Frisco pre Xmas: Best Little City on the Left Coast

Castro St. Decoration Winner

When Mrs. tBoW has to travel she prefers to bring along tBoW. Nice for me. Fortunately, she often travels to The City, Baghdad by the Bay, aka San Francisco. What a great town. When we lived here way back when, it was really more of a cow town. Had a Cow Palace and was filled with young folks trying to loosen their grip on life. City was already filled with adults who lost their grip long before us. Nice people called that colorful. What I am trying to say it sure is fun up here. There is always a new generation of young folks looking for a break and a lot of good times. You can drive all over the city in minutes so there are plenty of choices for where you’d like to get in trouble. Think of it like shopping in the Imagination Bazaar. If you are going to rent a car make sure it is tiny. Solves almost all your parking conundra.

One of the BEST qualities of San Francisco is its endless proliferation of restaurants. They open they close they never change they are always changing. You can visit repeat favorites like Delfina in the Mission or just drive by old old haunts that are still there [ed. he means Haystack Pizza in Noe; Xmas lights year round]. But the best experience is trying out the new spots…and there are always new spots.

This trip it was Waterbar on the Embaracadero and Ristobar in “zee Marina”.

Waterbar is good as under the Bay Bridge. You would think the glowing bridge lights in the misty evening would be enough to capture your attention in this swank 3 y.o. restaurant/bar in a nameless two story brick building that looks like it should house a copy center and maybe a Pilates studio. The lights from the bridge are cool but they must compete with two 20 foot tall and 10 foot wide aquariums [ed. aquaria?? Aquaria!!] in the center of the dining room. Kind of like Cher standing up to Christina Aguilera. Better together than on their own. Can’t tell you what the food was like because we had drinks, took in the views and got out of there. Definitely worth a stop for $50 including valet and cocktails.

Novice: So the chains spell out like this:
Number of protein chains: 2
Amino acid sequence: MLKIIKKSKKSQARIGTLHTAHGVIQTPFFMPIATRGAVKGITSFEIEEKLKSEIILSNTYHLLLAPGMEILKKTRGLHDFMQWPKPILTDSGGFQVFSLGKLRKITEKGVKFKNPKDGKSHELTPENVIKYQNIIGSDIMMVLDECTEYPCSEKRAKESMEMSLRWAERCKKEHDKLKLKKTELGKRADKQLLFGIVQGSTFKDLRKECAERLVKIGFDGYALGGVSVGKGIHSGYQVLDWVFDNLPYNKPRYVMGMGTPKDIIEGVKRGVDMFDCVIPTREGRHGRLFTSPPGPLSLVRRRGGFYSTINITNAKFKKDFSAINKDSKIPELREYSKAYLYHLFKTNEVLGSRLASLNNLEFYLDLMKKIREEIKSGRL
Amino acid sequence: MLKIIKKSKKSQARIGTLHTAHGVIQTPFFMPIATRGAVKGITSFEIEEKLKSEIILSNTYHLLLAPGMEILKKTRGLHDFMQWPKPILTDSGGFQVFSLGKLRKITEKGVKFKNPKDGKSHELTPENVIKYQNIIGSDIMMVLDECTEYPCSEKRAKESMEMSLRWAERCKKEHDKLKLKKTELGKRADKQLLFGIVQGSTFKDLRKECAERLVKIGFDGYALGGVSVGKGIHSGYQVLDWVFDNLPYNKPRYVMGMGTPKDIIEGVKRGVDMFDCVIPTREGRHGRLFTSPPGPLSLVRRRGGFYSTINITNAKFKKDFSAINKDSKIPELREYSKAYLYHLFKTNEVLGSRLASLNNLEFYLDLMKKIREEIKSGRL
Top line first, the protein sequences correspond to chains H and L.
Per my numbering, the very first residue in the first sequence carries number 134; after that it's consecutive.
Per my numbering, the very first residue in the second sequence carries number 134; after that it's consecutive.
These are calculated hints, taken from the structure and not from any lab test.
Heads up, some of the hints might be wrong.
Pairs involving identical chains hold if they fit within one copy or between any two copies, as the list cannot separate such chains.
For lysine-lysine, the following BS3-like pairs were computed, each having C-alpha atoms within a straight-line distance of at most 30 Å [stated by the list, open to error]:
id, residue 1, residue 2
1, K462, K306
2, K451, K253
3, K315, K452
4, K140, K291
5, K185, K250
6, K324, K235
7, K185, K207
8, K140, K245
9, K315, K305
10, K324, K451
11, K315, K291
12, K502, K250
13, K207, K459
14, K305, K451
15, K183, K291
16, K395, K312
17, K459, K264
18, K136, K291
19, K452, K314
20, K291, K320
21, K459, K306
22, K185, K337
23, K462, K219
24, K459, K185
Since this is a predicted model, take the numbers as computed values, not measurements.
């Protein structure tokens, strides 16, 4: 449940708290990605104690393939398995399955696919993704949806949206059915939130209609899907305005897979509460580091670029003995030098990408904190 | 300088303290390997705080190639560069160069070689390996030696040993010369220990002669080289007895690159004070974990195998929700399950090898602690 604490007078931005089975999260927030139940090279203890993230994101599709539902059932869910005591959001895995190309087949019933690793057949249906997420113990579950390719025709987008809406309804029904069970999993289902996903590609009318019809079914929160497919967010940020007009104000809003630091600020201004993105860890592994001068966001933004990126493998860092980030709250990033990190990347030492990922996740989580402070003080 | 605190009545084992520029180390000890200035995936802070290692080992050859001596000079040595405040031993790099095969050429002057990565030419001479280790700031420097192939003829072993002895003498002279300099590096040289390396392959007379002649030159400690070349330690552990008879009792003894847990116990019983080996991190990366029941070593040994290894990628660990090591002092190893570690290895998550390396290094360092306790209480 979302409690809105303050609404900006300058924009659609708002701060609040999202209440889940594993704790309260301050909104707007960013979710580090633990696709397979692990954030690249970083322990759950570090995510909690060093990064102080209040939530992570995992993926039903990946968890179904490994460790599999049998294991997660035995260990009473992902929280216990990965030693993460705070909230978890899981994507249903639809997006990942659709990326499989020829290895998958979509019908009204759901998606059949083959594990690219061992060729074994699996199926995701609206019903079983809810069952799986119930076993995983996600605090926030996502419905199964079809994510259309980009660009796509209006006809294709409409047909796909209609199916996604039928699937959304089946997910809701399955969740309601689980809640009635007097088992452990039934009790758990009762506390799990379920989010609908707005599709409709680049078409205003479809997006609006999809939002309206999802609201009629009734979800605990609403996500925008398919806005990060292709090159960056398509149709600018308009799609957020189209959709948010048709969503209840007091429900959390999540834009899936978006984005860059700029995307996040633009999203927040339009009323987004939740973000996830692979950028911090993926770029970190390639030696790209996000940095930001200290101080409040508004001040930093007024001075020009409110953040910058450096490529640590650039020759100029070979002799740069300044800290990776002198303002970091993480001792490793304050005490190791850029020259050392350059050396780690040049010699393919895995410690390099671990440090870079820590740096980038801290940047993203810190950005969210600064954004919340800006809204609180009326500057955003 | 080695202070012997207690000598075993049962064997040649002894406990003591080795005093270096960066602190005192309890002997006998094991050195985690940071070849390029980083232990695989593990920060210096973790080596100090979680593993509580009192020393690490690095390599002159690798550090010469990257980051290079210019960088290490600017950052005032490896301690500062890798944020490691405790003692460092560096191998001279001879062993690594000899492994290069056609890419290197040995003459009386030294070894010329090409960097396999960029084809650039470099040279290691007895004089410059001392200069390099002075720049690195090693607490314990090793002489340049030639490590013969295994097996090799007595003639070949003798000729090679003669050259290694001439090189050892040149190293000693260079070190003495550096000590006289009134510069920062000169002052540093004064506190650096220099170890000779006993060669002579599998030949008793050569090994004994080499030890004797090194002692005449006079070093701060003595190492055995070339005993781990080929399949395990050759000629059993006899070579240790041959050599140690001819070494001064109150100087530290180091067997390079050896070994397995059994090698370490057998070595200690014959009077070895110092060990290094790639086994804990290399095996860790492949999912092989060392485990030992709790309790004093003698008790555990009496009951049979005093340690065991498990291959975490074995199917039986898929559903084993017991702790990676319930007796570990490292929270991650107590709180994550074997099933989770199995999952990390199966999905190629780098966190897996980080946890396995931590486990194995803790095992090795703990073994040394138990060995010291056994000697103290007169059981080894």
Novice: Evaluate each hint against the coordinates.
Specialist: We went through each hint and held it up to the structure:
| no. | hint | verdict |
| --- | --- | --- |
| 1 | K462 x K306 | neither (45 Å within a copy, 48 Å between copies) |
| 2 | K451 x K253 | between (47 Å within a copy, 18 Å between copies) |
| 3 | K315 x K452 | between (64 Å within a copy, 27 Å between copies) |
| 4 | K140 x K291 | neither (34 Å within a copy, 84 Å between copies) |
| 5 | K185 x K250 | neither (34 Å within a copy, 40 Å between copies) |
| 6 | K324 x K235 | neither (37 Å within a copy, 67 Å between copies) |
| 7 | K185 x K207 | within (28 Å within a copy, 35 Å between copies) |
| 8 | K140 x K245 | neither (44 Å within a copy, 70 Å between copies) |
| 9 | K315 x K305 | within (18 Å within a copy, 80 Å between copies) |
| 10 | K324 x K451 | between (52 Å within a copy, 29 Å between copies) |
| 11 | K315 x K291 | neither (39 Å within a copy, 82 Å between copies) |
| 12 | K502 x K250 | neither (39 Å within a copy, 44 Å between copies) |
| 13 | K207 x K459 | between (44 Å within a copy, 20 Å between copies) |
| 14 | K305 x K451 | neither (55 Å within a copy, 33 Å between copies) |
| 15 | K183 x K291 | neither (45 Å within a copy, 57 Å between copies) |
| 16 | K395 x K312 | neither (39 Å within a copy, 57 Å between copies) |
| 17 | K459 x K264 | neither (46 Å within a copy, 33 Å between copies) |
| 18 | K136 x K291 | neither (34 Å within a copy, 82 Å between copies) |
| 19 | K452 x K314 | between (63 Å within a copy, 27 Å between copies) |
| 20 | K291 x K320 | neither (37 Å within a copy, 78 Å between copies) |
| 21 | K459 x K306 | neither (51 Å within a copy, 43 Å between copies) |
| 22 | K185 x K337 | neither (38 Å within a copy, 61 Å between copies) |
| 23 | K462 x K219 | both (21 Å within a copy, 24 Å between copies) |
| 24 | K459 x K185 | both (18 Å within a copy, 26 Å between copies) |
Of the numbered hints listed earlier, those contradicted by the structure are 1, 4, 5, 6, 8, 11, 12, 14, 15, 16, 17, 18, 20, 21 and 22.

Ristobar is a fairly new Italian dining room in the Marina which will never stop being the place to hang for 20 and 30 y.o. young adults living life on the conventional edge for 20 and 30 y.o adults living in The City. It’s boots, heels and leggings for the ladies and dark tousled hair for the men. Ristobar is situated almost across the street from A16 which was the foodie spot five years ago when it opened.

Focaccia shop fever

Aside from the outstanding food and exceptional wine lists these are two different experiences. Being crammed into a space wide enough to be a tee shirt store on Haight with another 300 people with claustrophobic noise as sound track is the A16 experience and the norm for an exciting show in 2005. Step into a space that could be the entrance to a tasteful hotel in Italy with a ceiling fresco that teams Reubens with Tintotretto. Glide to your comfortable dining table with enough room to stretch a bit…it is so 2010. Ristobar offers excellent fare with sufficient comfort and a noise level that assures us we are off the street. And the wine list has enough fairly priced special wines – 95% Italian – to complement the pricier Baroli and Tuscan bottles. Our group ordered Wild Boar Ragout Pasta, Swordfish, Short Ribs, and Lamb Meatballs. Save room for dessert. We ordered three and had to sew our lips shut to not order a fourth: affogato al caff√® which was served as an espresso parfait, apple crisp in Italian, and the delicate strawberry slab flavored with sage.

2003 Fattoria Colsanto Sagrantino $48 (list): Umbrian red that offers a powerfully scented nose of spice and violets. Acidic style settles down in 15 minutes. Perfectly balanced and well matched to every course which ranged form pasta to short ribs (see below). Nice to find this as a value pick on the wine list. Exactly the kind of wine find we expect in a San Francisco restaurant. 14.5%